Hudson RIver
Image by Teresa Golden

Hudson River Estuary on Nature Calls: Conversations from the Hudson Valley

Episode 126: Hudson River Estuary

Chris Bowser is a professional educator and environmental scientist with experience in citizen science, estuary and river monitoring, conservation biology, and fisheries science. Part of Cornell’s College of Agriculture and Life Sciences, he coordinates a team with NYSDEC Hudson River Estuary Program and Hudson River Estuarine Research Reserve. He joins the Nature Calls: Conversations from the Hudson Valley team with a passionate discussion about the Hudson River Estuary.

An estuary is defined as the tidal mouth of a large river, where the tide meets the stream. If you think of New York’s Hudson River, this covers a lot of territory.

According to the Department of Environmental Conservation, estuaries are among the most productive of Earth's ecosystems. Native Americans discovered the Hudson's bounty thousands of years ago; evidence of their existence remains in heaps of oyster shells on its shores. Hudson and Dutch traders wrote of a river teeming with striped bass, herring, and giant sturgeon. More than 200 species of fish are found in the Hudson and its tributaries. The estuary's productivity is ecologically and economically valuable to much of the Atlantic Coast; key commercial and recreational species like striped bass, bluefish, and blue crab depend on nursery habitat here. Bald eagles, herons, waterfowl, and other birds feed from the river's bounty. Tidal marshes, mudflats, and other significant habitats in and along the estuary support a great diversity of life.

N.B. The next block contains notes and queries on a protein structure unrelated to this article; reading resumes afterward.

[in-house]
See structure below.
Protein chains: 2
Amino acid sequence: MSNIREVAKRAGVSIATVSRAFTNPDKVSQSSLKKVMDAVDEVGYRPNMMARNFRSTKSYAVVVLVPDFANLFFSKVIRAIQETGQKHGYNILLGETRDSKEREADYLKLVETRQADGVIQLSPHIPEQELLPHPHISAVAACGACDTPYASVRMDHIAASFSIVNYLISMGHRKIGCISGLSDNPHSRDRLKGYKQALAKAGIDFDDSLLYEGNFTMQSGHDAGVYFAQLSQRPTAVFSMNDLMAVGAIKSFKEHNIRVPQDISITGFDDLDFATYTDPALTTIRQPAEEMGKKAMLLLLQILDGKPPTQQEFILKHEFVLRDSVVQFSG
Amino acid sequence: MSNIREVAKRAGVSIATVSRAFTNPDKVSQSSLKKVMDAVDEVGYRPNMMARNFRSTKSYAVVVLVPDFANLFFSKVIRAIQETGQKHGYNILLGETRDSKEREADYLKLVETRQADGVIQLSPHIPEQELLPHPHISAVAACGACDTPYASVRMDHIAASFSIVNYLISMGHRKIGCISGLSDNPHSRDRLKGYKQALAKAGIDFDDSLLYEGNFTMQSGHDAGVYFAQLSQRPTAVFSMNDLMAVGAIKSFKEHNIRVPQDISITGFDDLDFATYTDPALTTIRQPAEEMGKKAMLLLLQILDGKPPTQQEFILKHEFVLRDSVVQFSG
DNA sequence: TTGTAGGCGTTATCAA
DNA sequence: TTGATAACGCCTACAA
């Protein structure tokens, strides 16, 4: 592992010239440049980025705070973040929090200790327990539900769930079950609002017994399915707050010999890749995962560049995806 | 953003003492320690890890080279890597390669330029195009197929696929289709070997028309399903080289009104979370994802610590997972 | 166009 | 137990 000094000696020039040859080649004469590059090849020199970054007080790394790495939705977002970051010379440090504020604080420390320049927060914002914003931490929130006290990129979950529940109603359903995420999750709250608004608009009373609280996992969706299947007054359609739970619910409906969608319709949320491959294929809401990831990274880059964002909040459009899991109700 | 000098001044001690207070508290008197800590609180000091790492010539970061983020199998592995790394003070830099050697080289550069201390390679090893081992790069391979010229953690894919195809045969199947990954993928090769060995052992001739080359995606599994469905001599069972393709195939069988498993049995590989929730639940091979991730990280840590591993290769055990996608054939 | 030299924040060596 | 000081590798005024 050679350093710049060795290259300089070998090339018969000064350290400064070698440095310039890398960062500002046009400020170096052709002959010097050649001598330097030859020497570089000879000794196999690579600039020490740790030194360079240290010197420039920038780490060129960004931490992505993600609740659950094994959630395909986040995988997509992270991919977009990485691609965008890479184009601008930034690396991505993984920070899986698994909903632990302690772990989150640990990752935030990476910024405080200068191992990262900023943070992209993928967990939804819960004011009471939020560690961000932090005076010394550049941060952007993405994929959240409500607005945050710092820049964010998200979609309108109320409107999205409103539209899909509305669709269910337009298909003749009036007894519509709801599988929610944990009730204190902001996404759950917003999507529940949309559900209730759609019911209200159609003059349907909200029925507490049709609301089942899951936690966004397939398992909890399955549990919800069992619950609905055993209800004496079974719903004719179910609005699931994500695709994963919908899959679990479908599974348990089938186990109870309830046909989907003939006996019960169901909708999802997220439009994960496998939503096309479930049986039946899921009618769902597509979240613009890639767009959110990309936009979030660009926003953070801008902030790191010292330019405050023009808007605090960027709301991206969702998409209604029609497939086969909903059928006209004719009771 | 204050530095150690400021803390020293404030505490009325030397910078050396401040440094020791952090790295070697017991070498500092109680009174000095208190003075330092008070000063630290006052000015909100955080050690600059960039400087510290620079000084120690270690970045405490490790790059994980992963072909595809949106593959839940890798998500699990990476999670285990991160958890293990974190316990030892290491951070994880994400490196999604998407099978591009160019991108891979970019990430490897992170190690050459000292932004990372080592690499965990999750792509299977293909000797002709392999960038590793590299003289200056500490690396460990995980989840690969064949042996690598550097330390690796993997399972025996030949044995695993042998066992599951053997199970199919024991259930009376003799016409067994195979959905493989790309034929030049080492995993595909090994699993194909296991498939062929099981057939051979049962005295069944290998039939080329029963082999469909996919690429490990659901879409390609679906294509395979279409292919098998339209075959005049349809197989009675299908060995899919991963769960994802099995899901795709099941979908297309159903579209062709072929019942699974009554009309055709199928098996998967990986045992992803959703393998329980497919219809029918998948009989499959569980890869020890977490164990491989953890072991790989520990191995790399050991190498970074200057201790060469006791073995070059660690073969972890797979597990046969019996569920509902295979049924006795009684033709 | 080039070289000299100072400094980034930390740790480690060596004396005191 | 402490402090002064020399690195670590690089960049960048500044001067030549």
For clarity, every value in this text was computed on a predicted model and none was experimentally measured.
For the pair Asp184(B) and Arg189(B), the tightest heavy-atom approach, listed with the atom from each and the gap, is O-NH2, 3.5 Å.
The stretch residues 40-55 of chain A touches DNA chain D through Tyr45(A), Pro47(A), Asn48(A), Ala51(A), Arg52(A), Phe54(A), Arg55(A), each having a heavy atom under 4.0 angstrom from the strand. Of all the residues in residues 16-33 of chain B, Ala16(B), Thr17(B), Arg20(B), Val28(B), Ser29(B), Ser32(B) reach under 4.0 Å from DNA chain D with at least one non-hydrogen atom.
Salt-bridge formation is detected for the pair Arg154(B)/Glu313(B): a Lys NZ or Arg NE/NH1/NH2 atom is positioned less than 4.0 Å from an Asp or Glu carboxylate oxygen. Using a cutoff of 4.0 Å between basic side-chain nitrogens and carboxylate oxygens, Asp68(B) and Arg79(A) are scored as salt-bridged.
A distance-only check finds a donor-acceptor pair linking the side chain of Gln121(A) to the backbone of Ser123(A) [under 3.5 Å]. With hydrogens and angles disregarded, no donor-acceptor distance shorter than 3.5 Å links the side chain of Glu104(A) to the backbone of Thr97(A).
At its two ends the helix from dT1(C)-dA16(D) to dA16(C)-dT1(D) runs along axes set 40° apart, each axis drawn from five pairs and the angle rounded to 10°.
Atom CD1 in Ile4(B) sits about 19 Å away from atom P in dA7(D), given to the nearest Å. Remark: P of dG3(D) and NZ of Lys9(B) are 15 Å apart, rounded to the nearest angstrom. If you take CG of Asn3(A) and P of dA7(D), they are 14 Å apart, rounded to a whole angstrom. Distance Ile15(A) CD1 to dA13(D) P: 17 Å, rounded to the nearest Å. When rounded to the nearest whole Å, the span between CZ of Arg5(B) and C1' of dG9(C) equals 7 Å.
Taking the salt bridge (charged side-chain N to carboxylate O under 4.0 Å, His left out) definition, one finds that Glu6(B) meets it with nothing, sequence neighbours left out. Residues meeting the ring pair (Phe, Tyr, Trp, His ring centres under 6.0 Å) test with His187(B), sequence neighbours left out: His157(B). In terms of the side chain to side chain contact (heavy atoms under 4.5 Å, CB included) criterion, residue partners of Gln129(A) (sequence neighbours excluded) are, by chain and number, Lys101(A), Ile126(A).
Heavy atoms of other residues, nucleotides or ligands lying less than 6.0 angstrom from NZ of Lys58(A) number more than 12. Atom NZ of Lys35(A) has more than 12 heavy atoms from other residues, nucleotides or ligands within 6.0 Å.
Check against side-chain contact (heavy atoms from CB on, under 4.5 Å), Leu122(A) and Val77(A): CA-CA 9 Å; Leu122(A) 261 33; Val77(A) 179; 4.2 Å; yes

The Hudson River Estuary has one of the largest concentrations of freshwater wetlands in the northeastern part of the United States. It has also been found that due to climate change, the rising sea levels have led to an increase in the area of the wetlands.

Chris brings the Hudson River to ‘life’ not only talking about what can be found within it, but also about the wide range of programs to adults and children to help everyone become more acquainted with its value to our broader ecosystem.

Hosts: Jean Thomas and Teresa Golden

Guest: Chris Bowser

Photo by: Teresa Golden

Production Support: Linda Aydlett, Deven Connelly, Teresa Golden, Xandra Powers, Annie Scibienski, Robin Smith



Xandra Powers
Community Horticulture Coordinator
518-828-3346 x106

Last updated June 20, 2024